Deutsche Telekom, Orange, Telefónica and Vodafone have partnered with Matsuko, a technology company that develops 3D holograms for remote communication, to make mobile hologram video calls.
Last year, Cisco unveiled Webex Hologram, which uses augmented reality (AR) headsets to display 3D representations of meeting participants, making them appear in the same space. A number of startups see this area of video conferencing as a growth opportunity, and Matsuko hopes to capitalize on the powerful technology built into modern smartphones.
The goal is to make holographic calls as easily as voice calls. Matsuko technology works through an app available on the App Store for iOS, Google Play for Android devices, and the Microsoft Store for PCs running Windows.
“We are confident that in the near future we will be able to offer our customers a new way to communicate using this new holographic technology to deliver a more immersive ‘virtually there’ experience,” said Daniel Hernández, vice- President, Consumer Devices and IoT, at Telefónica.
The four mobile network operators (MNOs) said they were looking to develop a platform that would combine the real and virtual worlds over a mobile connection, using a smartphone camera to generate 2D video which is then rendered in a 3D hologram in the cloud to be streamed to viewers in an augmented reality (AR), virtual reality (VR) and mixed reality (MR) environment.
Operators say advances in connectivity, thanks to 5G and cutting-edge computing technology, are enabling smooth and natural movement of holograms, opening up a range of possible use cases.
The pilot uses technology provided by Matsuko to allow their respective clients to join a common holographic communication session. The test platform uses the attributes of 5G connectivity – high speed, high bandwidth and low latency – to overcome some of the challenges of creating realistic 3D images that have existed until now.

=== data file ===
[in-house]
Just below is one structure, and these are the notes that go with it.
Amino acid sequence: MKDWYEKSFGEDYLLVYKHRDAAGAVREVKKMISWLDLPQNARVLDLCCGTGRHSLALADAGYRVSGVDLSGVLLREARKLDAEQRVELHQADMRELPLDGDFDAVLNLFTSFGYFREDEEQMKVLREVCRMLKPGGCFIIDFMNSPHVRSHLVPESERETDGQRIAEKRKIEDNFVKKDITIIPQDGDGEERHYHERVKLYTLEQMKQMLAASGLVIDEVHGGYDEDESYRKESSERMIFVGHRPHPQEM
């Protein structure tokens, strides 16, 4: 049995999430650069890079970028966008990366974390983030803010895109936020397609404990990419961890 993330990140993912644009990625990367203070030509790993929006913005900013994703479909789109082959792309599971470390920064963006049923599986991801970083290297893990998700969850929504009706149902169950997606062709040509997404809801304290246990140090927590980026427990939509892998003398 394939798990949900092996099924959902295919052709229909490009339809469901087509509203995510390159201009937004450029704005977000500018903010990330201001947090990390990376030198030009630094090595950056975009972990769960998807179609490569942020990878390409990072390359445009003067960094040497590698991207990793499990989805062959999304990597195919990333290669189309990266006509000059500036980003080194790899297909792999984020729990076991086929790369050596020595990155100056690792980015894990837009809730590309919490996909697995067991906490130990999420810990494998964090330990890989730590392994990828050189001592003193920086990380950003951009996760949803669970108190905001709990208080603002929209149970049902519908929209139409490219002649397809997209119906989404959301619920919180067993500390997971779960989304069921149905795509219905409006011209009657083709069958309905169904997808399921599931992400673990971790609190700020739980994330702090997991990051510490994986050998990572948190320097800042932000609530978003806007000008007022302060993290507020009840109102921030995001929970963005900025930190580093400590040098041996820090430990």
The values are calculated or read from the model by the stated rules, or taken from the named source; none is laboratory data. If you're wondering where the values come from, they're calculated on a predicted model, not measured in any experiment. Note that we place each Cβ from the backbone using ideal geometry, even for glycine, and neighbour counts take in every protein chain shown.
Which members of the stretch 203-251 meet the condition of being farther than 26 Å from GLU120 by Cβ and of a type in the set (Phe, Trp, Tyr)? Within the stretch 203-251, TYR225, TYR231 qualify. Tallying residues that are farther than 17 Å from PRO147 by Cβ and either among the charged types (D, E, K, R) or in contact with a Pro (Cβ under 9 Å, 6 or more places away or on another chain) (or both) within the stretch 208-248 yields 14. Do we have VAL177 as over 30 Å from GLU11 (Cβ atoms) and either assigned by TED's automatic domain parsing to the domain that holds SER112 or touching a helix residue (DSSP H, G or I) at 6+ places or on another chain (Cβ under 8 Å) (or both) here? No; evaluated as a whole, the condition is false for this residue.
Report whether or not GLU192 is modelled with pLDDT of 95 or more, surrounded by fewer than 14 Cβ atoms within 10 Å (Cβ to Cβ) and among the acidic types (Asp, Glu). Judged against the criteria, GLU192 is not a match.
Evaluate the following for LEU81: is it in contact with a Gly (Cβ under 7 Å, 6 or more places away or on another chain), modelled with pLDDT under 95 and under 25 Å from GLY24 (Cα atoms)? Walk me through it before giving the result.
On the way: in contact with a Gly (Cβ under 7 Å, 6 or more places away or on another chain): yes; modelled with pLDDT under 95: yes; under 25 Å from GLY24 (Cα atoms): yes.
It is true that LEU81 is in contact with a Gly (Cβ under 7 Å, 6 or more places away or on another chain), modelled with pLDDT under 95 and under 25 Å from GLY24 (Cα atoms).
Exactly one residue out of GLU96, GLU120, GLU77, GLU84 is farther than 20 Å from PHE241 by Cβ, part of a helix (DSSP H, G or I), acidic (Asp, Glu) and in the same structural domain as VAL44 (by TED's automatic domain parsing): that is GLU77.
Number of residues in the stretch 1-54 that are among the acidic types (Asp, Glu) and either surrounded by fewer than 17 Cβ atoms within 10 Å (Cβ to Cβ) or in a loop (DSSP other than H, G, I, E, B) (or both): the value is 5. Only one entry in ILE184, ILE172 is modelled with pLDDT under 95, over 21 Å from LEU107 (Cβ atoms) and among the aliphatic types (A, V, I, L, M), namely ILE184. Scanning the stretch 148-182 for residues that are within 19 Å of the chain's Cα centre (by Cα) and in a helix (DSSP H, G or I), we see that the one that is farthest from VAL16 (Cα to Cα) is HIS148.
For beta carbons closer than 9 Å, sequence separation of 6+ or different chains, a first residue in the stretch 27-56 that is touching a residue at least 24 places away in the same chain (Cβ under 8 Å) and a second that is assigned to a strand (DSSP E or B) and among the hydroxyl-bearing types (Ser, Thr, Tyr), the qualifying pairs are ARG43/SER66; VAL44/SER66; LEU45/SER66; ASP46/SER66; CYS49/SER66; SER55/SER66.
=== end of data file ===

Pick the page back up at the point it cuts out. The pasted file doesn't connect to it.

Each participant’s hologram is created using a smartphone’s selfie camera to capture and transmit a three-dimensional holographic image in real time, which is then processed by a 3D rendering engine.
Companies participating in the pilot said the technology allows them to deliver an immersive “virtually there” experience and display the holographic image it creates in a virtual environment. The image can also be superimposed on a real environment using VR/AR glasses.
After successfully completing the first phase of the collaboration, the four companies said they would continue to improve the underlying technology, with a focus on service quality. For example, they are currently looking at the potential of a broadcast-style broadcast, creating the possibility of entire events or presentations being hosted virtually. Future applications could include person-to-person or bit-to-bit communications, improving communication in consumer and enterprise environments.
“If the past two years have shown us anything, it’s that as human beings, we need each other’s presence. And even though we’ve come a long way with remote communication, today’s tools are still far too far away,” said Maria Vircikova, co-founder of Matsuko. “Our brain is wired for the third dimension, and we crave a sense of physical presence.”
Discussing the pilot, Vodafone Chief Commercial Officer Alex Froment-Curtil said: “This proof of concept takes holographic communications dramatically from science fiction to real-life smartphones.”
The fact that mobile operators are collaborating offers consumers a greater chance that holographic calls will be available on mobile networks, according to Karine Dussert-Sarthe, executive vice president, marketing and design, at Orange Innovation.
“Through this unique multi-carrier collaboration, we are preparing our infrastructure to deliver open, interoperable, and easy-to-use holographic communication services – a significant first step towards the metaverse,” she said.
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